Peter Greene, on his CURMUDGUCATION blog, wonders what is the best way to determine if a school is successful or not.  Interestingly, he downplays the use of “research” in this quest.  “Research doesn’t mean jack,” he states rather frankly.  “Or rather, by the time the research starts, the people who commissioned it have already picked the winners and losers.”  If you think that makes him sound rather uninformed, hear him out and read his thoughts!
The 4LAKIDS website has several detailed accounts of the removal of a citizen member from the LAUSD Bond Oversight Committee who was critical of the districts iPad-for-all plan.  It includes the original L.A. Times story that appeared in the paper on Friday (and was highlighted in the previous edition of the “Ed News”) that recounted the event.
In the special election June 3, to fill the vacant seat on the LAUSD school board that was created with the death of Marguerite Poindexter LaMotte, one candidate stands way above the others in his ability to raise campaign funds.  Alex Johnson has opened a huge advantage over the other six people on the ballot.  Through May 17, he had spend more than all the others combined and that  figure represented 70% of all monies paid out so far according to a story posted on the L.A. Times website Friday morning.       EDUCATION WEEK profiles the two main contenders in an increasingly quarrelsome campaign, incumbent Tom Torlakson and challenger Marshall Tuck, and a third candidate in the race for California Superintendent of Public Instruction on the June 3, primary ballot.  If no one garners 50% of the vote, a run-off will be held between the top two contenders in the general election in November.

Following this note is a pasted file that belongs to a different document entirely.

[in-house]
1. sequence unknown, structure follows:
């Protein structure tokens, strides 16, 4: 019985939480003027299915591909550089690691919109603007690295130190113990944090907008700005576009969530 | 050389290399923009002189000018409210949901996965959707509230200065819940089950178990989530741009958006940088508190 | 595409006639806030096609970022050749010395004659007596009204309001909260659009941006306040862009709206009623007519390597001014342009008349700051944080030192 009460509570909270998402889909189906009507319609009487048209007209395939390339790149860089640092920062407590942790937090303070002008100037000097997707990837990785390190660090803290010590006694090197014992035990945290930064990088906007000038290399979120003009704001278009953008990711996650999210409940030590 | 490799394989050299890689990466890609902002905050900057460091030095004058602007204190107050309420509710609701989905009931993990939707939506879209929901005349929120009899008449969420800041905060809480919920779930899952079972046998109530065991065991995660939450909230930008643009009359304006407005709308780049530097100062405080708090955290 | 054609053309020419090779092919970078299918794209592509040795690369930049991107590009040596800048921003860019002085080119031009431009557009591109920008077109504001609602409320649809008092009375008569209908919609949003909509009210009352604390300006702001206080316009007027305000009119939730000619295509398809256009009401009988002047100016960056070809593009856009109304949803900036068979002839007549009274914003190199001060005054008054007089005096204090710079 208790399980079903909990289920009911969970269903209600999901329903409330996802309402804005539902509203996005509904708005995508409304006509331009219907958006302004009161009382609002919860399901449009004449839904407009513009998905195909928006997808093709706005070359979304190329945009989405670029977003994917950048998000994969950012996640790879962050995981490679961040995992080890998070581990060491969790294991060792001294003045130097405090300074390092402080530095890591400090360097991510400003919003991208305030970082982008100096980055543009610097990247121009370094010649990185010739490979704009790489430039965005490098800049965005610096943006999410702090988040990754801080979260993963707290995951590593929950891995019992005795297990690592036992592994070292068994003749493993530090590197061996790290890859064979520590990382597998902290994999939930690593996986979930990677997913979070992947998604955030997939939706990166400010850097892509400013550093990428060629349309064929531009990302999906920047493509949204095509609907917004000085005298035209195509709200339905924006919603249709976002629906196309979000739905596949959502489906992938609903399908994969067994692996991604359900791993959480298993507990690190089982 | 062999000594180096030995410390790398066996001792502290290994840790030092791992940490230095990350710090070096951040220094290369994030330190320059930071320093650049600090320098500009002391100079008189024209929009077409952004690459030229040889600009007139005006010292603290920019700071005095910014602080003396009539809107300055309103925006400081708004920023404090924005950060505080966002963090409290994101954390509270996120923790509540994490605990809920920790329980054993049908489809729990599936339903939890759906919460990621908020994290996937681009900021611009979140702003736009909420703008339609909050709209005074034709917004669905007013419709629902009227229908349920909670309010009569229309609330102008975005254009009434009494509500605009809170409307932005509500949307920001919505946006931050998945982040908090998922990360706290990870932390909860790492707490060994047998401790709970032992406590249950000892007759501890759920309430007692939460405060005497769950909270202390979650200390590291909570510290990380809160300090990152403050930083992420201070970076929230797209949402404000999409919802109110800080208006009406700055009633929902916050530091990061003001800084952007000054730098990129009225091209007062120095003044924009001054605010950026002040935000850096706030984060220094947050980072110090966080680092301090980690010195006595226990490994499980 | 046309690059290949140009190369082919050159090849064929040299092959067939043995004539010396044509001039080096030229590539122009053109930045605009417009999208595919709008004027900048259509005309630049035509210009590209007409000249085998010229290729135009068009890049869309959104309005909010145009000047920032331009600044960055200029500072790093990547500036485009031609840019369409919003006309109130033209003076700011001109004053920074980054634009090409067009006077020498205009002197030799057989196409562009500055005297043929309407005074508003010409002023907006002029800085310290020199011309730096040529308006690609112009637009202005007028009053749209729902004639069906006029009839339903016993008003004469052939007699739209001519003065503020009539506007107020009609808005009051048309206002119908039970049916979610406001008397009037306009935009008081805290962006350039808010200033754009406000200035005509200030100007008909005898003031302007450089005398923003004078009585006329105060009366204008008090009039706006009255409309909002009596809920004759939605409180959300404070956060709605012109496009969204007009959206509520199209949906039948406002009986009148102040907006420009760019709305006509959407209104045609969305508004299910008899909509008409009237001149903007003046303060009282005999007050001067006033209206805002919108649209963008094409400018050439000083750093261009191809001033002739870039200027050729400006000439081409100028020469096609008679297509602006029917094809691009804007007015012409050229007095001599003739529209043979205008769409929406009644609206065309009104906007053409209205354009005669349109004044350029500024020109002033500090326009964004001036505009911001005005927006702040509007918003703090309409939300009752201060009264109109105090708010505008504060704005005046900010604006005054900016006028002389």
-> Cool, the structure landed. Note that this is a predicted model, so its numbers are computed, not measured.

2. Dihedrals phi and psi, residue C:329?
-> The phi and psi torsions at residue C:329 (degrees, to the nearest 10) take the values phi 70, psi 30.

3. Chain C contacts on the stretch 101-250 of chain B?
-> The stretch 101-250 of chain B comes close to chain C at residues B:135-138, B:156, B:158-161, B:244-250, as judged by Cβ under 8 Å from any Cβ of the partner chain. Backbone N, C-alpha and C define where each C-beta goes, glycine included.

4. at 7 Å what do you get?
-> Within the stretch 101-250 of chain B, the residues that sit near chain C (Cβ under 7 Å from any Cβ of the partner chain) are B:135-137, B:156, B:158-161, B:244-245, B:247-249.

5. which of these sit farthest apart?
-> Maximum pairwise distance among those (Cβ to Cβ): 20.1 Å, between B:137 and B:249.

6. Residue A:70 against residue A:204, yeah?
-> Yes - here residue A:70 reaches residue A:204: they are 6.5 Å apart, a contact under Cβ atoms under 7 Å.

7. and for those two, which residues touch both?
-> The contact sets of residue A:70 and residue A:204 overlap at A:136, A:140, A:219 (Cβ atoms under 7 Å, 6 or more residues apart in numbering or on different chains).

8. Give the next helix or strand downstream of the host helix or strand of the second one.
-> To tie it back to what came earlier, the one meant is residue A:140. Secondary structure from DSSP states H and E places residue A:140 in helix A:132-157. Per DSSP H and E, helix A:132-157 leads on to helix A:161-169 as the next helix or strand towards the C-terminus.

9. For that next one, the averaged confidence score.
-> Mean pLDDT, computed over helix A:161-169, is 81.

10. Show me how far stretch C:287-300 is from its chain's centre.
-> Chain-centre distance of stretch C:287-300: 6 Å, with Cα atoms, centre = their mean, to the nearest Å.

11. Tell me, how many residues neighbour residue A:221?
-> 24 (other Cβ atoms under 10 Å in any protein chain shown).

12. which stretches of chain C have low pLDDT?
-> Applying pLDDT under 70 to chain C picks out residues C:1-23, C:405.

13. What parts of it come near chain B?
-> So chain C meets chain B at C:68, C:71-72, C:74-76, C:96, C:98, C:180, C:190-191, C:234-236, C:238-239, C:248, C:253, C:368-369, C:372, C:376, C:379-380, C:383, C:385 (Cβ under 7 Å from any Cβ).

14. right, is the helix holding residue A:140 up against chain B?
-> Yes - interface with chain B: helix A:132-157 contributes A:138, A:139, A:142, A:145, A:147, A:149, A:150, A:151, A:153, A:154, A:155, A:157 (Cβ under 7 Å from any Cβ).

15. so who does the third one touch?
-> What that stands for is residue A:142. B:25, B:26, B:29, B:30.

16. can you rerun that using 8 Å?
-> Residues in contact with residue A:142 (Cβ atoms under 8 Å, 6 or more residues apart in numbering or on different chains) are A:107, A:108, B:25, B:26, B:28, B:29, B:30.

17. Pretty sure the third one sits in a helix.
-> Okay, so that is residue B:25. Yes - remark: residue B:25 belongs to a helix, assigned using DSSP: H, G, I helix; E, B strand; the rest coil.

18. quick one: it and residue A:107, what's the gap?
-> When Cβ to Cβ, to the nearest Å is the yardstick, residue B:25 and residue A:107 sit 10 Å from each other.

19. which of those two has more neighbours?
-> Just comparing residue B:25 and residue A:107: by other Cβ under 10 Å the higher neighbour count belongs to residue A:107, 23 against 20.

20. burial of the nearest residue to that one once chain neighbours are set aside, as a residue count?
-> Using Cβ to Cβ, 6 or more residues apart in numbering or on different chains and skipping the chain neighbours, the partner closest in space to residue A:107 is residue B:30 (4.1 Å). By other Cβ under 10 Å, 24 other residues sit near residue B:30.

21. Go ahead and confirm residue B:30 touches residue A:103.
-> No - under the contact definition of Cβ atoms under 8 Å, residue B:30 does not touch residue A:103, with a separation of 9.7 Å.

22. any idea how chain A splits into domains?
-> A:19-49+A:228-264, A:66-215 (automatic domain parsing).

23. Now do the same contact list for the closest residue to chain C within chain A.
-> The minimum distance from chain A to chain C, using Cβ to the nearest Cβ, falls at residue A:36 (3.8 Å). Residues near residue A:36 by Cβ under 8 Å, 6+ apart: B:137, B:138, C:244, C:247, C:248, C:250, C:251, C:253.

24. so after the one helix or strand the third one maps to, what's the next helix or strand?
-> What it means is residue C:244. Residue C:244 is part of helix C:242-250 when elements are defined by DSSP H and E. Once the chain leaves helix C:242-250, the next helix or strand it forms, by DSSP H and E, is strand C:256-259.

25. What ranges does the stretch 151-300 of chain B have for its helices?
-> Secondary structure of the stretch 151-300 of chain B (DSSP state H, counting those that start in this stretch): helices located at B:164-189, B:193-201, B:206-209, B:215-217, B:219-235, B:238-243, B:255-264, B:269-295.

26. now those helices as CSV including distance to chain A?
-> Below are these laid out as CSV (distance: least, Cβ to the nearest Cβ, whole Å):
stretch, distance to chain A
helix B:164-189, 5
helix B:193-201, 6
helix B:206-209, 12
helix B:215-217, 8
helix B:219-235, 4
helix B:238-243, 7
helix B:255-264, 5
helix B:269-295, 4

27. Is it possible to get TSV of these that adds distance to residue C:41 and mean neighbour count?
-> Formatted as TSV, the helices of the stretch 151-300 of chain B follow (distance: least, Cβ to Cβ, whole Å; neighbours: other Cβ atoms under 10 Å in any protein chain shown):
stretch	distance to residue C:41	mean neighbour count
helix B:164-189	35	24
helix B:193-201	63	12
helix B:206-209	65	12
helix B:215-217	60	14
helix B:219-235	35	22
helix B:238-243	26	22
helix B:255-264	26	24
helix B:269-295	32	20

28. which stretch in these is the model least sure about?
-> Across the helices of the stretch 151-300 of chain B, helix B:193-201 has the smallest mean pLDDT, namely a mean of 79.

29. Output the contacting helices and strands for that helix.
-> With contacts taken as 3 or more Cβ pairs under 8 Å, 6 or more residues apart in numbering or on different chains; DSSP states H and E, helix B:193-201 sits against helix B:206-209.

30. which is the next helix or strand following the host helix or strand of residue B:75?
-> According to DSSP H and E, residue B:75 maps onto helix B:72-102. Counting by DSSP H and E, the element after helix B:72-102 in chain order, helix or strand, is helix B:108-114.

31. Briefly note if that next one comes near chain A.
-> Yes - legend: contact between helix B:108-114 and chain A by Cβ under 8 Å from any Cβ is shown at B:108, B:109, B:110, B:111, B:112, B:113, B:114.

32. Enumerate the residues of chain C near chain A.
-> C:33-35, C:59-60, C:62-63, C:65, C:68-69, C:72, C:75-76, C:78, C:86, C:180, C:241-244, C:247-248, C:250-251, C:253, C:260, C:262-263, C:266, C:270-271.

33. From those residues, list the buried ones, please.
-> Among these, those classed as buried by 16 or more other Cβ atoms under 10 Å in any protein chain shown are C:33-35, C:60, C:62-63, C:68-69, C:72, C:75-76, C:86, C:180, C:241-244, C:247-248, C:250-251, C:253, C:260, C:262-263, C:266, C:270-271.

George Klump sent along this article, first printed in Aug., 2013, that was reprinted on the Eagle Forum’s “Education Reporter” website about a KIPP charter elementary school founded in 2010 in South L.A. that achieved some remarkable results on the API.
An extended editorial in yesterday’s L.A. Times chides the Congress over its long delay in overhauling No Child Left Behind (NCLB) that Pres. Bush signed into law in 2001.  “No Child Left Behind,” it scolds, “will surely rank as one of the most poorly constructed laws of its time.”  The piece goes on to include some recommended revisions to NCLB.